ABSTRACT Nonmelanoma skin cancer, which includes squamous cell carcinoma (SCC), is the most common cancer diagnosed in the United State,s with the overwhelming majority of cases resulting from ultraviolet (UV) irradiation. SCC usually develop from premalignant precursors, providing an opportunity for intervention to prevent malignant disease and metastatic progression. Treatment of clinically detectable malignant lesions and precursor actinic keratoses still relies largely on surgical excision. These procedures are invasive, carry a significant healthcare cost, and are often an insufficient means of preventing metastatic progression in immunocompromised patients. Consequently, there is a need for more effective mechanism-based treatments with no or minor side effects. In preliminary investigations, we showed that increased nuclear transporter exportin (XPO)1 drives aberrant localization of the scaffolding and signaling protein 14-3-3? to activate prosurvival pathways in SCC cells. Genetic deletion of the gene for 14-3-3? suppressed tumor development by 75% and blocked malignant progression while nontumorigenic skin cells were unaffected by the lack of 14-3- 3?. Consequently, our hypothesis is that inhibiting two key regulators that drive aberrant prosurvival signaling will provide a novel and effective means to prevent skin tumor growth and malignant progression with minimal toxicity to the surrounding normal skin. In the proposed research we will delineate the mechanisms and consequences of XPO1-driven aberrant 14-3-3? signaling for malignant keratinocytes (Aim 1), improve upon candidate agents we have developed that disrupt 14-3-3? prosurvival signaling (Aim 2), and provide proof-of- principle evidence of the efficacy of 14-3-3? and XPO1 inhibitors for the prevention of skin tumor development and progression using human patient derived (PDX) and UV irradiation-induced skin cancer models. Successful completion of this work is anticipated to lead to novel approaches for the prevention and treatment of skin cancer.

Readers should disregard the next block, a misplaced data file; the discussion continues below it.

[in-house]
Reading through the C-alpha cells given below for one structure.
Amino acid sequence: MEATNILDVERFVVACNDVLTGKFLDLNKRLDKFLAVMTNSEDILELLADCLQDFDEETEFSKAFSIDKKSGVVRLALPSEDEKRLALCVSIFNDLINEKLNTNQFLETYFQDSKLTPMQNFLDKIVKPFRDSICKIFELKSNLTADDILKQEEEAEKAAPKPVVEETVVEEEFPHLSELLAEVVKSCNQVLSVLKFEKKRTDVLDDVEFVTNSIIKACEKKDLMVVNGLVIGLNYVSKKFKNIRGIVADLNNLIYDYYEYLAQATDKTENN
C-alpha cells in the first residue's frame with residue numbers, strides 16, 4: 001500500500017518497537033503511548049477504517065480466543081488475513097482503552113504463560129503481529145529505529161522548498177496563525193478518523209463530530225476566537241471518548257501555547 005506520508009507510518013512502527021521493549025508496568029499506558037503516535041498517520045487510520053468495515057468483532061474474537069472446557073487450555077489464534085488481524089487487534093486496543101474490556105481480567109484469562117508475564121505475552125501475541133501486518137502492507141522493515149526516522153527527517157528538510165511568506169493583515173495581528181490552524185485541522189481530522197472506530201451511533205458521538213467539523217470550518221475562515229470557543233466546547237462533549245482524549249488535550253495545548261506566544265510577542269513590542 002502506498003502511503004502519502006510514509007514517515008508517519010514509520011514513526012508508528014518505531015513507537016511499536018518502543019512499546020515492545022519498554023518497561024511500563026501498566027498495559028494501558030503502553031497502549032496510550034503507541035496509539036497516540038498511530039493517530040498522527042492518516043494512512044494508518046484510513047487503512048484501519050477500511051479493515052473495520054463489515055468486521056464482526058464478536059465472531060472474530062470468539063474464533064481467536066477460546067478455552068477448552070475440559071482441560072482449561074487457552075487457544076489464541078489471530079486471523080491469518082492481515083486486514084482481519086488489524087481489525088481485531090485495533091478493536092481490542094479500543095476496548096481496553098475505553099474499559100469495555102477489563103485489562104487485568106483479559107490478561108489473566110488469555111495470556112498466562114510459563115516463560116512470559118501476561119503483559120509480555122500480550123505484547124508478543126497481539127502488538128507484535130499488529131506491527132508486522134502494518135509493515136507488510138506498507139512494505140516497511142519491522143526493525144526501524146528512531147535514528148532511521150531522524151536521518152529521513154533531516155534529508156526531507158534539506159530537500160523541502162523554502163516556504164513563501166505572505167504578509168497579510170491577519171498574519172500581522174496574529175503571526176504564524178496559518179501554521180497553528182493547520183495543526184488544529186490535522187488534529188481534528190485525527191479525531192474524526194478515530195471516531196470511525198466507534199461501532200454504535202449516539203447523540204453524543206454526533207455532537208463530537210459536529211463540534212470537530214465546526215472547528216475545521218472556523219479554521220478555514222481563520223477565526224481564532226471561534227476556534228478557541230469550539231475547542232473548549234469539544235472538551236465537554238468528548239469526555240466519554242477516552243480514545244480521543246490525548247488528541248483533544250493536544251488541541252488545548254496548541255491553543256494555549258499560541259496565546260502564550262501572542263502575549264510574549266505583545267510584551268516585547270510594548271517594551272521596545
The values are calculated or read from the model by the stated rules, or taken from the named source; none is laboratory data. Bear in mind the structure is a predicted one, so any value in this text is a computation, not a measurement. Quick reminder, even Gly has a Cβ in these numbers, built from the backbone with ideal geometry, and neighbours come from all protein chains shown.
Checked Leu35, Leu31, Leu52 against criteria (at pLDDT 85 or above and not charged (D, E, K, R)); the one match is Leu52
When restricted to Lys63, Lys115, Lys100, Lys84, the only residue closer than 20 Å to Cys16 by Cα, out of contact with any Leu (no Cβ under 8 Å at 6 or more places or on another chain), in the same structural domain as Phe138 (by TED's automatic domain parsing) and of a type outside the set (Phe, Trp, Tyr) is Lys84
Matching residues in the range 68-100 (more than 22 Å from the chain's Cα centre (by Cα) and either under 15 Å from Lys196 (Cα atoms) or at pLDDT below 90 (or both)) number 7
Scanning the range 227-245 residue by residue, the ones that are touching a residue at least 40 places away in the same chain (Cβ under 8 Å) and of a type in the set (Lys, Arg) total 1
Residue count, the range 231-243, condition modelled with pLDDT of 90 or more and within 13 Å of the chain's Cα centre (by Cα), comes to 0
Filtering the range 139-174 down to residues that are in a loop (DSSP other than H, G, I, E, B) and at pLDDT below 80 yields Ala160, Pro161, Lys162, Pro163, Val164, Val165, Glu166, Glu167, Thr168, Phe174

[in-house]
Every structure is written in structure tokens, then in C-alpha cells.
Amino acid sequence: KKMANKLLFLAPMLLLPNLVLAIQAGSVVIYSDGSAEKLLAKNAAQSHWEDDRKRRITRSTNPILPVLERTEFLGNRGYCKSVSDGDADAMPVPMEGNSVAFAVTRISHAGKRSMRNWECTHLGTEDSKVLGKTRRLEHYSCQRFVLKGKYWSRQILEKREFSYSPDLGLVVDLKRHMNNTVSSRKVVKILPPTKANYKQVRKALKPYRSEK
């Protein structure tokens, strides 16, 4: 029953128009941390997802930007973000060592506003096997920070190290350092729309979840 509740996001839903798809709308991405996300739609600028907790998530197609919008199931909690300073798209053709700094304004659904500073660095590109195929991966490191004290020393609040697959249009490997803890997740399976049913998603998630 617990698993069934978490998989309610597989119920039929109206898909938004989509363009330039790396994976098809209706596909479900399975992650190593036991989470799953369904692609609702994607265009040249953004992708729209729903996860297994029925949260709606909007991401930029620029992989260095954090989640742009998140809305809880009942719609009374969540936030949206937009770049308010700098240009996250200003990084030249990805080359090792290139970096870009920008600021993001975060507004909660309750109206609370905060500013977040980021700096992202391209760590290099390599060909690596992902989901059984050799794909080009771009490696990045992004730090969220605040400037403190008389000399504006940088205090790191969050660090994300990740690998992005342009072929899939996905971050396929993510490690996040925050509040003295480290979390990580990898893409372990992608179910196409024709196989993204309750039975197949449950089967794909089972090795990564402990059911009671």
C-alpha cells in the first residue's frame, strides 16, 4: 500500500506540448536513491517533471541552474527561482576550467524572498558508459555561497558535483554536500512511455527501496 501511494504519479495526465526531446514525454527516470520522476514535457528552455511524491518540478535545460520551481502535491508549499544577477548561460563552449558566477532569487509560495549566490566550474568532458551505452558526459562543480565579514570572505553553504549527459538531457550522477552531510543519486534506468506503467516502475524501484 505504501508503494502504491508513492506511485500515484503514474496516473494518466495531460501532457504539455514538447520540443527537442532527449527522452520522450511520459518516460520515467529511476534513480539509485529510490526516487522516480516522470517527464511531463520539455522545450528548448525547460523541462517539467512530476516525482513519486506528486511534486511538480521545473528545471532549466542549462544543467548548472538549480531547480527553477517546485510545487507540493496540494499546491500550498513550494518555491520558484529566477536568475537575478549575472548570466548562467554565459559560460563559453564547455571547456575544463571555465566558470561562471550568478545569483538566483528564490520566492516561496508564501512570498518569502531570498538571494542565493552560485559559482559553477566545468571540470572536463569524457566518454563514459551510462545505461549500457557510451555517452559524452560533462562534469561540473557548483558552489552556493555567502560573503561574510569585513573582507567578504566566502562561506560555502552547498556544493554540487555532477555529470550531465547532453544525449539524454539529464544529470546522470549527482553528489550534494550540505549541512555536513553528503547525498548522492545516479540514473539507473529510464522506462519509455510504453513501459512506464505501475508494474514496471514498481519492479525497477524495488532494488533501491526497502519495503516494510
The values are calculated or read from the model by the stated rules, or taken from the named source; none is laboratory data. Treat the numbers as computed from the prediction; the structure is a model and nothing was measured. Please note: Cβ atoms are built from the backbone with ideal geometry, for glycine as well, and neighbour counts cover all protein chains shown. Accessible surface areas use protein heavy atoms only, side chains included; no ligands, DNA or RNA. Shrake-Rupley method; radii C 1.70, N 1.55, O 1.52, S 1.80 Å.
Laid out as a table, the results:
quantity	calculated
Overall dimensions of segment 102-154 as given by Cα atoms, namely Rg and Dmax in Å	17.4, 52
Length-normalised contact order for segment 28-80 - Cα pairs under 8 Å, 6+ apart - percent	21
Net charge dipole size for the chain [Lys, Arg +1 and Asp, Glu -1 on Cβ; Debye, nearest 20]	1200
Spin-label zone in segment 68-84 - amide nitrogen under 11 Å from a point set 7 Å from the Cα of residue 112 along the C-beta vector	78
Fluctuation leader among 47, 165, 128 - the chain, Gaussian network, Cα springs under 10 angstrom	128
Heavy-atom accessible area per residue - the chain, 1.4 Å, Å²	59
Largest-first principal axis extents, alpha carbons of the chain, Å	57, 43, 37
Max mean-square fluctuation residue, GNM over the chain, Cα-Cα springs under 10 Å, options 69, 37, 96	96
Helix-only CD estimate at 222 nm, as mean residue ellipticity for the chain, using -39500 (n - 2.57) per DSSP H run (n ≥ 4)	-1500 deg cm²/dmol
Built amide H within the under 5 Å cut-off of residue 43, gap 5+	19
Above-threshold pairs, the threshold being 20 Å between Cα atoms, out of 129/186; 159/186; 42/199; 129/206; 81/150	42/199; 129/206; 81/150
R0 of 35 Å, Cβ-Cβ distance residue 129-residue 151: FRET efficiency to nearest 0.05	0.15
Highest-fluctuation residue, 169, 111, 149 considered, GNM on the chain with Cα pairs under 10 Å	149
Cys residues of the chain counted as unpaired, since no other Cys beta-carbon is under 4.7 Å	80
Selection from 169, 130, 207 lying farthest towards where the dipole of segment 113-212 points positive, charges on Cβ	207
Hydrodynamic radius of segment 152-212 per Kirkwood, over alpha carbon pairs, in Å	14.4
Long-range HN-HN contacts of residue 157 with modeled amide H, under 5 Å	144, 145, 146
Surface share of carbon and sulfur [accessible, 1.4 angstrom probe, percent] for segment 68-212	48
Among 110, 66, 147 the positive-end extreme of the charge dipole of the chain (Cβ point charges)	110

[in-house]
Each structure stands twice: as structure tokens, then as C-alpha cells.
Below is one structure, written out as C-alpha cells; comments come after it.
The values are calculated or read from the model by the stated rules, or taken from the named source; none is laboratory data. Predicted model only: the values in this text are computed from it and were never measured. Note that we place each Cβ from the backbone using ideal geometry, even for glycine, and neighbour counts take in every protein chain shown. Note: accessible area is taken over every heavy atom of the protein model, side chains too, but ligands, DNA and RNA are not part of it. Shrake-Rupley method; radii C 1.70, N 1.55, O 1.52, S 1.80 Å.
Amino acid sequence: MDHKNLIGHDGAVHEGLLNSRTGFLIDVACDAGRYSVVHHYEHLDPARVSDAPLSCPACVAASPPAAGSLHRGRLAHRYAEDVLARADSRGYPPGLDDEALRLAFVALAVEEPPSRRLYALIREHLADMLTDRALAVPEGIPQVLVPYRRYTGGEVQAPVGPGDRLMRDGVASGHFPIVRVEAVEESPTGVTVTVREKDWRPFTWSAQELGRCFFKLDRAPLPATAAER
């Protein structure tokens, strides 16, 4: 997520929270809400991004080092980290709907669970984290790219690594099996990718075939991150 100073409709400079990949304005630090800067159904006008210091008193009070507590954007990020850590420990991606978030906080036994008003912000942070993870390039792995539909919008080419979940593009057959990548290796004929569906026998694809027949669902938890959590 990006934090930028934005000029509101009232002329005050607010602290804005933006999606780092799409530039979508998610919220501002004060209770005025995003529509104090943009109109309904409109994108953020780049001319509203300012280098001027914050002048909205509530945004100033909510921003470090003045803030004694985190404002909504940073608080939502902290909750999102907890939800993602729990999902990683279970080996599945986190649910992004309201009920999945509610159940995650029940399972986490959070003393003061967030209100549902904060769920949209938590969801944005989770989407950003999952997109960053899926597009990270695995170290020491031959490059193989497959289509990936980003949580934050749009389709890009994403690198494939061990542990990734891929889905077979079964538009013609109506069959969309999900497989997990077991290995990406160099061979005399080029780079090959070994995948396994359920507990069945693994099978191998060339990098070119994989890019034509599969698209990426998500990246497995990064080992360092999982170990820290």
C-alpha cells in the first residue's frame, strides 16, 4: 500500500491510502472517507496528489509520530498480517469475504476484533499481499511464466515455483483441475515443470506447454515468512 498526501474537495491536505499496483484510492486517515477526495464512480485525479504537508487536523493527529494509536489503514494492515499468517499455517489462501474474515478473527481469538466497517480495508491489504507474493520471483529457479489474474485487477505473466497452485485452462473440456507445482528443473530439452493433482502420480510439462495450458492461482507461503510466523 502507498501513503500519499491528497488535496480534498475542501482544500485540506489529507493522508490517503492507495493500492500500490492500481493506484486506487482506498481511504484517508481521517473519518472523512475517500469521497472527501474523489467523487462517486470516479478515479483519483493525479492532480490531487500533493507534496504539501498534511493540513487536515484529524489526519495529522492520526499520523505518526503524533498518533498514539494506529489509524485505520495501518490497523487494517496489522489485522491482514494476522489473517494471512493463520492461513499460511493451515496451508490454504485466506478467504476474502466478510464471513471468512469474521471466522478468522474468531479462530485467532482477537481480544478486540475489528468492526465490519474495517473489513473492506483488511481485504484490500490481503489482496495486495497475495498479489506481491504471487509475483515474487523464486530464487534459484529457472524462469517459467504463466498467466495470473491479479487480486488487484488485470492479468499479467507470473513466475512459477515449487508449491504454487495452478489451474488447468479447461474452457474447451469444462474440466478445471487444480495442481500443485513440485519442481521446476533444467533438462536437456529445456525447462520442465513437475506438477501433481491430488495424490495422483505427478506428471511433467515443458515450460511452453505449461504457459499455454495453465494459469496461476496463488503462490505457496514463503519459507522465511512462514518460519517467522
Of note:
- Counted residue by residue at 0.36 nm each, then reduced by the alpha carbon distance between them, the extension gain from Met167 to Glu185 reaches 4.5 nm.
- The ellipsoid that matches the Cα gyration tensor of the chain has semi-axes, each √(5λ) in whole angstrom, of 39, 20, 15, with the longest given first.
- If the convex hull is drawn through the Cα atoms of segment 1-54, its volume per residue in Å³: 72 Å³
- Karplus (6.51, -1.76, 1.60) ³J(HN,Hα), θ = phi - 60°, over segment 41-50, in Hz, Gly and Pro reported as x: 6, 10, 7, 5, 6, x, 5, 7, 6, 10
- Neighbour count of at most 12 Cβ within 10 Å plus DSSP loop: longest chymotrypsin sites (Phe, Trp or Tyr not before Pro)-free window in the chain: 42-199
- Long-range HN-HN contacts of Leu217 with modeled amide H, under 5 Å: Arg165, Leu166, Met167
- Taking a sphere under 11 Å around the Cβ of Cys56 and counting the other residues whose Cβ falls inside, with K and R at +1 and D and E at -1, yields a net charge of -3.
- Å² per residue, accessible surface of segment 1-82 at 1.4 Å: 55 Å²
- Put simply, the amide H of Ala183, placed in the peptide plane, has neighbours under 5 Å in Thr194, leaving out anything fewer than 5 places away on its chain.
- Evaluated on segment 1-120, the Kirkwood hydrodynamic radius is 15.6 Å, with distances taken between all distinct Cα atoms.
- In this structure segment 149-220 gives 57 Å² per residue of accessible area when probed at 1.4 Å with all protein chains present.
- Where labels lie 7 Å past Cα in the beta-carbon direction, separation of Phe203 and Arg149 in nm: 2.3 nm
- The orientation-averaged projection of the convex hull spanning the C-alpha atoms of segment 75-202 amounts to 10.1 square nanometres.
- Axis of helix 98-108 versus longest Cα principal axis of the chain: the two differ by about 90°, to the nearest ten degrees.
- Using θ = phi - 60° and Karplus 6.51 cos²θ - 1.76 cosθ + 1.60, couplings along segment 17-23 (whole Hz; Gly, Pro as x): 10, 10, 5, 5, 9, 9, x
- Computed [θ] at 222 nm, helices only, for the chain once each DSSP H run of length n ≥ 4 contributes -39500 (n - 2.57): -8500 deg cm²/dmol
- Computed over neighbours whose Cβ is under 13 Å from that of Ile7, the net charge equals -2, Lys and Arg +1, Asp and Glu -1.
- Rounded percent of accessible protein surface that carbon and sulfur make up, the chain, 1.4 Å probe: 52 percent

|Effective start/end date||5/1/21 → 4/30/22|
- National Cancer Institute: $332,831.00
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